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Kirsty Campbell writes fantasy novellas inspired by the warrior culture of Beowulf and heroic poetry from the Middle Ages. She lives in Montreal and teaches at John Abbott College. She taught medieval literature at Yeshiva University in Manhattan and Bishop's University in Lennoxville. Her PhD and MA are from the University of Toronto. Her BA is from McGill University.

At a feast in Beowulf, warriors drink ale, celebrate victory, and listen to stories about heroes and legends. Among these stories is a tale of a bitter feud and a queen named Hild, now reimagined by Kirsty Campbell in her novelette, BLOOD-SIREN. 


A reimagining of the tragic story that has inspired authors from the Beowulf poet to Tolkien, BLOOD-SIREN will be featured as an “Adaptation/Retelling” in a brand-new Beowulf translation that’s coming out next year by the Oxford scholar who currently occupies Tolkien’s old post.

Readers will be immersed in the coming-of-age story of a girl who possesses magic and is driven by vengeance. When she falls in love with a queen named Hild, she must decide whether the cost of avenging the dead is worth it.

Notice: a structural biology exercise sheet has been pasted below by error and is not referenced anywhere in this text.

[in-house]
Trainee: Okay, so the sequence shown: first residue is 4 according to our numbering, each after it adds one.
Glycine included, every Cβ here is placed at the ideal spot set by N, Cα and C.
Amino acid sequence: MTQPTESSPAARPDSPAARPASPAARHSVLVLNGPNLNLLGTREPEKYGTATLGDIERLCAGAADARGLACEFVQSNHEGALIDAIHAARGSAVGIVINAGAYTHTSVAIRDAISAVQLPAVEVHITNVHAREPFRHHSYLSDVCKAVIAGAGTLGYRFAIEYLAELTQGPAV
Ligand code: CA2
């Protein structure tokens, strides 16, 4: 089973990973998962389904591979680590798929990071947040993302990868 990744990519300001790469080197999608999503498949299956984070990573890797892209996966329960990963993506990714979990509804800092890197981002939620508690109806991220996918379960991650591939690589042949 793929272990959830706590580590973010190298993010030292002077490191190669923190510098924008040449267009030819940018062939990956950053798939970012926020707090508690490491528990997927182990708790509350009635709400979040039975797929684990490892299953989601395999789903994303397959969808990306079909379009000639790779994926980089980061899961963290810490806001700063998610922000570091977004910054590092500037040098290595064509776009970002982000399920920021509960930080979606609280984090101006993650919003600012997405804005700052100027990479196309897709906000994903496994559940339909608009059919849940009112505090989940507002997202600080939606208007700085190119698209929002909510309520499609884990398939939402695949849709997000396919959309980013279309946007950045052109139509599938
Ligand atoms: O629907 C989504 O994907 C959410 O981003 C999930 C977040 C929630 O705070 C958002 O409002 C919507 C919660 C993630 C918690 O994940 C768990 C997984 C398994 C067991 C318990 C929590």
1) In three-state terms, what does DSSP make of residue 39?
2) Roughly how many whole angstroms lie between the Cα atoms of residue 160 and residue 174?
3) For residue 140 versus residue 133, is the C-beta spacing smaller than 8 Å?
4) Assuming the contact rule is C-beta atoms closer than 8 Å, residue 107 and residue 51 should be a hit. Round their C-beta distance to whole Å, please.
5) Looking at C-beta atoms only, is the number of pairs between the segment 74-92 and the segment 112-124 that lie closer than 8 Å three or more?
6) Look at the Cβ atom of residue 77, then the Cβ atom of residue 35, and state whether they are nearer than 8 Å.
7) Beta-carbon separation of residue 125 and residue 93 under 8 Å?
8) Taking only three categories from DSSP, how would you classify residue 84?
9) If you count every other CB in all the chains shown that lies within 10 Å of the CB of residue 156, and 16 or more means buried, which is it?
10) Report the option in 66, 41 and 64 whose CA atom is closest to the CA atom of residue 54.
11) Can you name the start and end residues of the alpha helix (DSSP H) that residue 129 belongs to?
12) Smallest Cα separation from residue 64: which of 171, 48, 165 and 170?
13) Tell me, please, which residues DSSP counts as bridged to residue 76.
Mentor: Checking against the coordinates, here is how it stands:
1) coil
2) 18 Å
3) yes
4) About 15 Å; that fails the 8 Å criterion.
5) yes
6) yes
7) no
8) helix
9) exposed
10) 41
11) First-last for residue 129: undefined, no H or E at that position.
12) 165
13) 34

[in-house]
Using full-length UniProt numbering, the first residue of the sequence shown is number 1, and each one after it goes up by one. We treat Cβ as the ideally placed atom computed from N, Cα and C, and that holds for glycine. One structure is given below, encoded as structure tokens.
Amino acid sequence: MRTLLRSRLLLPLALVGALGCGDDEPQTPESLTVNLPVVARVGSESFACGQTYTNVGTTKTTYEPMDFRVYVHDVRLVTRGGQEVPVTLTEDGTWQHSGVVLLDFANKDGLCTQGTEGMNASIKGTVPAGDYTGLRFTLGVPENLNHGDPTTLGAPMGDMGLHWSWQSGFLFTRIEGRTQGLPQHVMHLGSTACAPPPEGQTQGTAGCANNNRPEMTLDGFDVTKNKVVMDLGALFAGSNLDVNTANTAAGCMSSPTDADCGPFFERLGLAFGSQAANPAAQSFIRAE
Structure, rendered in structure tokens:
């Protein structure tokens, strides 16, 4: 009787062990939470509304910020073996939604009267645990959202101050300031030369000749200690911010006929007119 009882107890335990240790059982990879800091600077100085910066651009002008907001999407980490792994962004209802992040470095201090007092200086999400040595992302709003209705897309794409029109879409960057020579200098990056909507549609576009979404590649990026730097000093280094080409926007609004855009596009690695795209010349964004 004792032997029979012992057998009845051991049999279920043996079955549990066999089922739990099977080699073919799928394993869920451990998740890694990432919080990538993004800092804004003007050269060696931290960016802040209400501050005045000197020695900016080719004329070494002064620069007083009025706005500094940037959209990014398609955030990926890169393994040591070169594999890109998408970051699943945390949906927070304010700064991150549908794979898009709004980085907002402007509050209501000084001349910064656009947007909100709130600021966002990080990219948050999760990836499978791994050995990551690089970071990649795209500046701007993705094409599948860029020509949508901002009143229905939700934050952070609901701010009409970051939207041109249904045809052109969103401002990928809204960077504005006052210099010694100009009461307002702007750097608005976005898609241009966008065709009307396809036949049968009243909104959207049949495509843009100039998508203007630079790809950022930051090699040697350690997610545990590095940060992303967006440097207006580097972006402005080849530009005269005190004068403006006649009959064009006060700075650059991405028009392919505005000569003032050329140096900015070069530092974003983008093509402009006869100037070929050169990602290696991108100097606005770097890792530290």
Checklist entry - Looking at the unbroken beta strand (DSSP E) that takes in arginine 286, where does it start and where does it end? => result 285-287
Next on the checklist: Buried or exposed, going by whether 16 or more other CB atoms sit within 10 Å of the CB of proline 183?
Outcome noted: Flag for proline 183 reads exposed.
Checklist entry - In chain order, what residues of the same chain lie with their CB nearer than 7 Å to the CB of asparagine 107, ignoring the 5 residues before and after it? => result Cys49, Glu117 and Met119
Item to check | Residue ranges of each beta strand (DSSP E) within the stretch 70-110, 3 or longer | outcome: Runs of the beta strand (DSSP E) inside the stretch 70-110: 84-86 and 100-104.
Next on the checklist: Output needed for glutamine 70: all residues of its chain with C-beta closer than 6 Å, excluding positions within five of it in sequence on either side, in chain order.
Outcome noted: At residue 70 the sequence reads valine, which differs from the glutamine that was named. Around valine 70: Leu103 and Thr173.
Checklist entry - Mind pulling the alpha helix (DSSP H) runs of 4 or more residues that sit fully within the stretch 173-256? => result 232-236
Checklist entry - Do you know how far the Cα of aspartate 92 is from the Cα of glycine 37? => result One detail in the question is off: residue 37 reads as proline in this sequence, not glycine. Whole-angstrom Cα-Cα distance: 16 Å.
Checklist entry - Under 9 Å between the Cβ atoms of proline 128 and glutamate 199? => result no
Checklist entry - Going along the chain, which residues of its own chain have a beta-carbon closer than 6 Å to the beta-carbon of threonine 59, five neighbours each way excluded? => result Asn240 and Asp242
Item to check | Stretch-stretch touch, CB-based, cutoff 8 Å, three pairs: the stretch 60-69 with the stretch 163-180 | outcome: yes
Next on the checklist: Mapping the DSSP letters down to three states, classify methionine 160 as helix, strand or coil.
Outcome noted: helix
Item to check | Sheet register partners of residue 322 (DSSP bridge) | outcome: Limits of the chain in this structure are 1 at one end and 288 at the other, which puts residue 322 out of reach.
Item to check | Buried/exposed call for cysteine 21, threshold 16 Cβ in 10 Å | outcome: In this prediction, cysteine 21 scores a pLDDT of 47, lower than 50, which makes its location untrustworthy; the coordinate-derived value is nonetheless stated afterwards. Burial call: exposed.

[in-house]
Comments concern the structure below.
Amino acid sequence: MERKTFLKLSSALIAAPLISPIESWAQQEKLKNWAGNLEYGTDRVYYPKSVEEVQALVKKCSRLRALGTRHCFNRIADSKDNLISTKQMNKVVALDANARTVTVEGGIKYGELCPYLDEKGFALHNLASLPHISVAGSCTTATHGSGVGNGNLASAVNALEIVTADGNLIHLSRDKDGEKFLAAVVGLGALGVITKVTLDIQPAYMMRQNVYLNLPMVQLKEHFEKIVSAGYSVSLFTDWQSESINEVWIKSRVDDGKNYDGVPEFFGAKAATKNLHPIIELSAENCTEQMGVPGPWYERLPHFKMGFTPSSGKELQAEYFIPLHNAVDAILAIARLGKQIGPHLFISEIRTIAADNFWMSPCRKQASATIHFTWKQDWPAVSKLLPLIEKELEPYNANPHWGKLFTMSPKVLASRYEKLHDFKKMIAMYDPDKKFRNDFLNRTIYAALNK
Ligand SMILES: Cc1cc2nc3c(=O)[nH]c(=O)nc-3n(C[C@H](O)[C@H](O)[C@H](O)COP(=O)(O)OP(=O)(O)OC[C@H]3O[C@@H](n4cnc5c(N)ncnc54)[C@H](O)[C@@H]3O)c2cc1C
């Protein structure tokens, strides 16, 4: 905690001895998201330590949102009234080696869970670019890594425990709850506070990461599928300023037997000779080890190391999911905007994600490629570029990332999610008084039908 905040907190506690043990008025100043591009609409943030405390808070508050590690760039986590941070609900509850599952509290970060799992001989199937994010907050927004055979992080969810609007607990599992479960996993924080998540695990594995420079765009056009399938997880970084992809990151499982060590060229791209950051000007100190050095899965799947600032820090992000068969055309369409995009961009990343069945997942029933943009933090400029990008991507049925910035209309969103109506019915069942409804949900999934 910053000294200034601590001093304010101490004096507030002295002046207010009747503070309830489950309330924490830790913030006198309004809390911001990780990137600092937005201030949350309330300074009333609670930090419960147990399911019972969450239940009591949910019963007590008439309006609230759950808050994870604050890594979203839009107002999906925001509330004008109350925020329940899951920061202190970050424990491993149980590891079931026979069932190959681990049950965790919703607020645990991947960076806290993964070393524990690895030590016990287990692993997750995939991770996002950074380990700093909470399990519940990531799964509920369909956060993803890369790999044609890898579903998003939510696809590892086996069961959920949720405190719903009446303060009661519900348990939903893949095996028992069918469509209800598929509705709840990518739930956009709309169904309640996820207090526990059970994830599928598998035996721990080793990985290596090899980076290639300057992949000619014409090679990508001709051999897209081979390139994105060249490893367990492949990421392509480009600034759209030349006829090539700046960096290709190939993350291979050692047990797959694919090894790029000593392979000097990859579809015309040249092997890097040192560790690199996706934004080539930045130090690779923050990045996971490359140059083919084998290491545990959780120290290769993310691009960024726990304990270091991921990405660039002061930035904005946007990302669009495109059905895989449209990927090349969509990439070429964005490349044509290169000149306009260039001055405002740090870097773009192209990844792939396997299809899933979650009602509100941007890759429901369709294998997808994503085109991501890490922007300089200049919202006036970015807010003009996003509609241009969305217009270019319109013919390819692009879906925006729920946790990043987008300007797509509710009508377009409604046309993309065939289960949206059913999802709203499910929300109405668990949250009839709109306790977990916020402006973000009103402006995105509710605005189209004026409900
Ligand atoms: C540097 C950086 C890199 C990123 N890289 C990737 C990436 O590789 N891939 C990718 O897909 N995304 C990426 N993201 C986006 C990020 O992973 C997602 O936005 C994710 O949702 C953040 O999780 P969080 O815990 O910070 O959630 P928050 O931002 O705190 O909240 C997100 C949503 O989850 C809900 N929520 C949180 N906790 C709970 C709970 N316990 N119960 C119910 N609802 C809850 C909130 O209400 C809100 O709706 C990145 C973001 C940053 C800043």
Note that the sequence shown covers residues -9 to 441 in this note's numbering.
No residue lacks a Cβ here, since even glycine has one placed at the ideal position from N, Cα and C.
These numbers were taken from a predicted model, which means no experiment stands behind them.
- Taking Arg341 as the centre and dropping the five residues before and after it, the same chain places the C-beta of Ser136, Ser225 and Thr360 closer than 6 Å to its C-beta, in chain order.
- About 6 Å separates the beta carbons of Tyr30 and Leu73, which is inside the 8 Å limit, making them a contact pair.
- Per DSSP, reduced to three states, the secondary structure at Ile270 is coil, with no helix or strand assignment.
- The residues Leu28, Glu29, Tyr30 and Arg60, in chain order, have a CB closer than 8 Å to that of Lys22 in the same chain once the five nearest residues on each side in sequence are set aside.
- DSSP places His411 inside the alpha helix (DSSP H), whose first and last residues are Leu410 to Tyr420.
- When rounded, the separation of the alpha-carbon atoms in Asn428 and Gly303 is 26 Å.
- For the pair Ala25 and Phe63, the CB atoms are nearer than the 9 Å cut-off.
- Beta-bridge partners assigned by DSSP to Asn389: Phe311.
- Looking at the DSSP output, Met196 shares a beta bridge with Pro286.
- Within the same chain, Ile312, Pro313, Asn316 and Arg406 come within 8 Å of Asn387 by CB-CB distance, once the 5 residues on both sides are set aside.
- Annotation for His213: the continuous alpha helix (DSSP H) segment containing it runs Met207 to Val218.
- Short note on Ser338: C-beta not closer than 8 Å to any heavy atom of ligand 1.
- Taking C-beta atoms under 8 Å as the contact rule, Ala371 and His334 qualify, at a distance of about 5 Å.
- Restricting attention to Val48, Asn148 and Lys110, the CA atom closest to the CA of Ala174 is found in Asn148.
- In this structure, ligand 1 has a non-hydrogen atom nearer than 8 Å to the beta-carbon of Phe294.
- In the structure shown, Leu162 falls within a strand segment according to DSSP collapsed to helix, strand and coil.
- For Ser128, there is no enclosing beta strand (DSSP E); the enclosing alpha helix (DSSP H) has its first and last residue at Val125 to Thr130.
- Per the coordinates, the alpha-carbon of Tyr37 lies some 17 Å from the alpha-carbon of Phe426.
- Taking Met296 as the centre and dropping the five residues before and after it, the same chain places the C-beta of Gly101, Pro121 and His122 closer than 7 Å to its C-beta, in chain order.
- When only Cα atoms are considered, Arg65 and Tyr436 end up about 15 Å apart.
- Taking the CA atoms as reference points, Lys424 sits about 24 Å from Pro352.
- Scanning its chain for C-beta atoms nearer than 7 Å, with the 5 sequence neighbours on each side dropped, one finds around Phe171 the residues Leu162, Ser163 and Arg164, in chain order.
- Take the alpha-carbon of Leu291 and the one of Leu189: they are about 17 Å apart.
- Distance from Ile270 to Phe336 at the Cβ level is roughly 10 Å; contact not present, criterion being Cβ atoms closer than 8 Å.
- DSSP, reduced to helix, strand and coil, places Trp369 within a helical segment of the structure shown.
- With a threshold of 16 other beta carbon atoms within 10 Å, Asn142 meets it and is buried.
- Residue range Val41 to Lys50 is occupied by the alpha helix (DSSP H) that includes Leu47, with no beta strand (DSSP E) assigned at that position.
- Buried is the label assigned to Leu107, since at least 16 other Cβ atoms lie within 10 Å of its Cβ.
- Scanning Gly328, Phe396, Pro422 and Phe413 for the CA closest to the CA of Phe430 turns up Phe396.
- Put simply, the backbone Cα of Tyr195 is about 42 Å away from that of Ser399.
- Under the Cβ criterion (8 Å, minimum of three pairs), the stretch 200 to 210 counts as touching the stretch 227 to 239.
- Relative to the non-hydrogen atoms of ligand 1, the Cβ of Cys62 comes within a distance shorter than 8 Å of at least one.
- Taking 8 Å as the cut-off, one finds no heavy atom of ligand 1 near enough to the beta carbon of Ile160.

Blood-Siren is for everyone who loves fantasy, especially YA readers who crave stories about Odin and heroic culture, but want to see female protagonists wielding power.

With a voice called “Tolkienesque in its feel” on Peter Cox’s Litopia, with “beautiful writing,” according to ‘New Zealand’s Stephen King,’ horror author Lee Murray, I SONGS OF THE BOUNDLANDS will enthrall readers of all ages.

The Boundlands Map.jpg

Folksongs from the story are set to melodies composed by Kirsty and available on Spotify!

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photos by Tam Lan Truong

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